Berkshire Annual Letter (Part 8)
Richard Branson, the owner of Virgin Atlantic Airways, was once asked how to become a millionaire. He had a quick answer to it: “Start as a billionaire and then buy an airline.”
Warren Buffett decided in 1989 to put that statement to the test by investing $358 million in a 9.25% preferred stock of USair. It turned out that Warren’s analysis of USair’s business was both superficial and wrong.
The long history of profitable operations and protection offered by the ownership of a senior security appealed to Warren, but a crucial point was overlooked.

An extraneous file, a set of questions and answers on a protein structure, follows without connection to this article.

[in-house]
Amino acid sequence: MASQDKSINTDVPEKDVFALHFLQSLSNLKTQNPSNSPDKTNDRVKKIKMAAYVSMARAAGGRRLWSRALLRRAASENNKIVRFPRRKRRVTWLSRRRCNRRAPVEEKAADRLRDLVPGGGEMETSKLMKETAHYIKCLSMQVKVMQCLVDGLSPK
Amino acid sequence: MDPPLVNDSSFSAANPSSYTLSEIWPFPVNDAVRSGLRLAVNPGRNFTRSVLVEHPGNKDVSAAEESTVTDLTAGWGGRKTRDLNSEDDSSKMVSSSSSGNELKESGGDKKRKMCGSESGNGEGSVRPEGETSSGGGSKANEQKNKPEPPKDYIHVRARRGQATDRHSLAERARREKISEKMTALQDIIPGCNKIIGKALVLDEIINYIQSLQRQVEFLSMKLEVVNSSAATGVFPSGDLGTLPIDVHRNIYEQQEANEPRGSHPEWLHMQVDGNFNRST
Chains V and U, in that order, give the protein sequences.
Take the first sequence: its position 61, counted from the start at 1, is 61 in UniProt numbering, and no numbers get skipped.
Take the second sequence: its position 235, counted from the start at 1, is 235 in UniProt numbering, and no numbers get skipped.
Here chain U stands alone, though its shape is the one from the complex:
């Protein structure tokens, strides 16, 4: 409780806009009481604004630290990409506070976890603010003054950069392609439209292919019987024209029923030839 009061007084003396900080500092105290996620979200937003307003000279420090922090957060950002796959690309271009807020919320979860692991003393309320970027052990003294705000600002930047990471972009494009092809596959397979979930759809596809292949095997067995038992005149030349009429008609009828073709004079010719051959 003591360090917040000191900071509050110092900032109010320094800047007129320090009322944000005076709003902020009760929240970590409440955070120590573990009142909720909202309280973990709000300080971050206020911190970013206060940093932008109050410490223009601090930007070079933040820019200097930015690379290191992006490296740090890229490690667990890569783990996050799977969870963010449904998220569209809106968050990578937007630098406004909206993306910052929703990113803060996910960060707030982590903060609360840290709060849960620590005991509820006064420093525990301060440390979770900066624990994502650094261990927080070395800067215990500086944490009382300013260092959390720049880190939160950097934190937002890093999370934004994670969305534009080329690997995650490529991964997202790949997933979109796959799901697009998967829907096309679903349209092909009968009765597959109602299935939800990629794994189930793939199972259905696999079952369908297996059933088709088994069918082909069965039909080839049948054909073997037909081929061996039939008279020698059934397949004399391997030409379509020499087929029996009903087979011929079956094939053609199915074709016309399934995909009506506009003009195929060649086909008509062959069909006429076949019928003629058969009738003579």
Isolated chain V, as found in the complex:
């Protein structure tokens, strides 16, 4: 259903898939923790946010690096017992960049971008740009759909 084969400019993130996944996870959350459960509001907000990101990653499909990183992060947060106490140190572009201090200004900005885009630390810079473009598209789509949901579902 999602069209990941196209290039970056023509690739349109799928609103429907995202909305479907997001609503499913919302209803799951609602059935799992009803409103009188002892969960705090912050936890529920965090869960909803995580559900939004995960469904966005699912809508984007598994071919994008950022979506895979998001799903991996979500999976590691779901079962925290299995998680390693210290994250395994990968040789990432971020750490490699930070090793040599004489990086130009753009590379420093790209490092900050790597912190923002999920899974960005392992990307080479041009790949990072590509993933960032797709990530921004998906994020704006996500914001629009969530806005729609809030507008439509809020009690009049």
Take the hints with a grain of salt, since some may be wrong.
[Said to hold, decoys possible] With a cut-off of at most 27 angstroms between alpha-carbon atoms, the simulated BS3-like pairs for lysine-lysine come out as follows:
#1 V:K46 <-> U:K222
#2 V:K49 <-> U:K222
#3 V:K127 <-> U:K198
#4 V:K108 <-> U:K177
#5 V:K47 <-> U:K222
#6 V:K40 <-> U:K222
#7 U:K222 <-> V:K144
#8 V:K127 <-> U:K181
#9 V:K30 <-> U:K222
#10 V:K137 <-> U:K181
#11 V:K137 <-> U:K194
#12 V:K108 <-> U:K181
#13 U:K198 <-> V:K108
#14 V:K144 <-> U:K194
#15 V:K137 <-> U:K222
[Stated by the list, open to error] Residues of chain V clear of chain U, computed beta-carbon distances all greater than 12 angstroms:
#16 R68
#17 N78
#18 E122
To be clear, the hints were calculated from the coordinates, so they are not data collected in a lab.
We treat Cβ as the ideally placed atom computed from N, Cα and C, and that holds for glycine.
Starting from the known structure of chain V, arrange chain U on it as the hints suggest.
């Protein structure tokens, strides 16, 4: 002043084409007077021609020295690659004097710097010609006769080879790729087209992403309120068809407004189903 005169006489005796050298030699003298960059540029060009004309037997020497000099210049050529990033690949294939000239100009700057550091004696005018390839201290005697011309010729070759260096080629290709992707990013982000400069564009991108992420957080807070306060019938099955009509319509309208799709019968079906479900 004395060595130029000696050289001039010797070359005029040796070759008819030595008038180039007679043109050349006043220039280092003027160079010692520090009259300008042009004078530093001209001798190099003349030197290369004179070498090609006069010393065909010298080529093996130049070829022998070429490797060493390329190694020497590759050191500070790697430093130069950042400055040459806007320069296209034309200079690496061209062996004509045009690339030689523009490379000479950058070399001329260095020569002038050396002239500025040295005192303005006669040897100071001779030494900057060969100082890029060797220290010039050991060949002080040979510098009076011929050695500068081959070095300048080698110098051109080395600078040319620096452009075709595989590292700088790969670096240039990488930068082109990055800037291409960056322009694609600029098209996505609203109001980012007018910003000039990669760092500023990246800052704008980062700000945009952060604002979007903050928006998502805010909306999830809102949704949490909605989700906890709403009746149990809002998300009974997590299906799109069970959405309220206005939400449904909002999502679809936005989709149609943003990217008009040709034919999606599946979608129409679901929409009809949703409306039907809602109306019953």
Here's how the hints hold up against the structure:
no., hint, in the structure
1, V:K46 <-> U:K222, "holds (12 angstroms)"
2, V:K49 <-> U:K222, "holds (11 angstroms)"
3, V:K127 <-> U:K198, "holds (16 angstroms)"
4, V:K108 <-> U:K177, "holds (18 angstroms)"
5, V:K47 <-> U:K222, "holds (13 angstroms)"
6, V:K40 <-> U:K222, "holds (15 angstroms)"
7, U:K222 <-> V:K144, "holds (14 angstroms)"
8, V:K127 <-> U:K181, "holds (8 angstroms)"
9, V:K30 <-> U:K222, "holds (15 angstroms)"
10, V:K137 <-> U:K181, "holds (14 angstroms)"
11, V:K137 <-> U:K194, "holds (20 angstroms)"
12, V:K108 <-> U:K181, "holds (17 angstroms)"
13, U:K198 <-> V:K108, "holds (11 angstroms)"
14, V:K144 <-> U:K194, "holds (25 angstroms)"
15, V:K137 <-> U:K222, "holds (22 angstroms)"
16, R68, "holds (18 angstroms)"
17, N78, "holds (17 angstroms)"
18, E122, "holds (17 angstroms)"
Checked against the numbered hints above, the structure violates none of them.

The effects of an unregulated and fiercely competitive market would be severely felt compared to the days when the industry was pretty much protected by regulation. If the cost structure was left unchanged, disaster was bound to happen.
To streamline the costs, major improvements would be needed in all the labor contracts. This is something that most airlines have found it extraordinarily difficult to achieve.
USair was no exception and in 1990-1994, $2.4 billion was lost, wiping out the book equity of its common stock. During this period, preferred dividends was still paid to Berkshire (except for 1994).
One thing that Warren got right was to write into the contract a provision stipulating that “penalty dividends” five percentage over the prime rate would have to be paid whenever dividends were missed.